- The Washington Times - Tuesday, July 27, 2010

A senior Democratic senator on Tuesday played down the significance of information contained in leaked documents that reveal collaboration between Pakistan’s intelligence agency and militants fighting in Afghanistan.

Sen. John Kerry said it was important “not to overhype or get excessively excited about the meaning of those documents.”

Mr. Kerry was speaking at a Senate Foreign Relations Committee hearing on Afghanistan.

He said the allegations of ties between extremists and Pakistan’s Inter-Services Intelligence (ISI) agency were not new.

“We have been wrestling with these allegations … and we have made some progress,” the Massachusetts Democrat said.

Mr. Kerry, along with top officials in the Obama administration, repeatedly have raised those concerns in their discussions with Pakistani officials, civilian and military.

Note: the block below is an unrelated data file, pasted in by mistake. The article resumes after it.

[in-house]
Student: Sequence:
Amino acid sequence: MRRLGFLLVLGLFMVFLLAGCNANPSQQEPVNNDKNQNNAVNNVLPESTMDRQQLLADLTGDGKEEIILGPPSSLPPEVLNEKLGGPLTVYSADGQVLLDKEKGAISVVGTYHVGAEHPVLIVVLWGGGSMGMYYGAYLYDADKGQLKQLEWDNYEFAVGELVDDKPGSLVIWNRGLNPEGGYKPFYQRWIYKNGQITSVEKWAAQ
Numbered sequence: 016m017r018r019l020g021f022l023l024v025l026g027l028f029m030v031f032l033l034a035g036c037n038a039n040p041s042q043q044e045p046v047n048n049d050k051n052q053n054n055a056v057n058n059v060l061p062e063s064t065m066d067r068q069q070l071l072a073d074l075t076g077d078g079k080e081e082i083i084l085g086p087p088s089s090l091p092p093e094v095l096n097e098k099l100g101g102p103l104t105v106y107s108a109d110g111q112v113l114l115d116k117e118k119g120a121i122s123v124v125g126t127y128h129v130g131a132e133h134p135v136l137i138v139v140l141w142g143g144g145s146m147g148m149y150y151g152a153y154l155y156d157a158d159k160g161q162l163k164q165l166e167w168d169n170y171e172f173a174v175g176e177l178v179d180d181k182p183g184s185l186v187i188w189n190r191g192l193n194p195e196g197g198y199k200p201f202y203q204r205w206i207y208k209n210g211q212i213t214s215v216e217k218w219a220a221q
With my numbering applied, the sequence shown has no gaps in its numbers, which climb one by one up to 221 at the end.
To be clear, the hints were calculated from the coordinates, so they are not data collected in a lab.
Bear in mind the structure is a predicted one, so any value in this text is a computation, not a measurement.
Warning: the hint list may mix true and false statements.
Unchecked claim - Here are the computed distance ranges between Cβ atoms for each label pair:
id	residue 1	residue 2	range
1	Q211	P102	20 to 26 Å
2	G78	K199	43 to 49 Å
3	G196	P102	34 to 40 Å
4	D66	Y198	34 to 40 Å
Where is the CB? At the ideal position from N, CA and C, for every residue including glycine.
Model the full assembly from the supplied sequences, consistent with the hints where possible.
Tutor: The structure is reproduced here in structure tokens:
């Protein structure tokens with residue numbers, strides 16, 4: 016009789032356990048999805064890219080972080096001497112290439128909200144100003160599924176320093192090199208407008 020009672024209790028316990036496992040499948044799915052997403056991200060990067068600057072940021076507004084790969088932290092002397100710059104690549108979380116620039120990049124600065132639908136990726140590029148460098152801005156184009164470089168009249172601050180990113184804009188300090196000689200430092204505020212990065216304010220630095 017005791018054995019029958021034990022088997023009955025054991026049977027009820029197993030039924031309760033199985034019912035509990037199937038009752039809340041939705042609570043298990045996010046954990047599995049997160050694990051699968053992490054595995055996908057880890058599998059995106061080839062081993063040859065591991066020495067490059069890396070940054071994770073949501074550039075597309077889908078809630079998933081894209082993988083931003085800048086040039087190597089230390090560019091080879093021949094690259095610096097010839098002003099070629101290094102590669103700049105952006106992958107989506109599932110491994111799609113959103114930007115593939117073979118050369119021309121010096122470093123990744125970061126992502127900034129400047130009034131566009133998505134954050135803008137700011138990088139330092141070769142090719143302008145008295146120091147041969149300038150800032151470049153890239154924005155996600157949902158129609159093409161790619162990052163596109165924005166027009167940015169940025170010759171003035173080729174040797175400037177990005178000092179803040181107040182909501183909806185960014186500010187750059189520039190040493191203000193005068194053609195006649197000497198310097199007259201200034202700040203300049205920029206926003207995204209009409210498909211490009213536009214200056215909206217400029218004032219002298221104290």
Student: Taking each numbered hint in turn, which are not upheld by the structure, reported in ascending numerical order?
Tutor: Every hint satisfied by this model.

“This is not a sort of revelation,” Mr. Kerry said of the information contained in the documents.

WikiLeaks provided the New York Times, the British newspaper the Guardian and the German weekly Der Spiegel access to 92,000 secret military reports covering a period from January 2004 through December 2009.

The reports were written by military and intelligence officers, according to WikiLeaks.

The documents show that Pakistan permitted ISI officials to meet with Taliban leaders and plot attacks on U.S. troops and the assassinations of Afghan leaders.

Pakistan’s ambassador to the U.S., Husain Haqqani, said the documents do not accurately reflect the situation on the ground.

Mr. Kerry noted that the documents “appear to be primarily raw intelligence reports from the field and as such, anybody who has dealt with those kinds of reports knows some of them are completely dismissible, some of them completely less reliable, some of them are very reliable.”

He said raw intelligence needs to be processed properly by people who can put things in context. “People need to be very careful in evaluating what they do read there,” he said.

• Ashish Kumar Sen can be reached at asen@washingtontimes.com.

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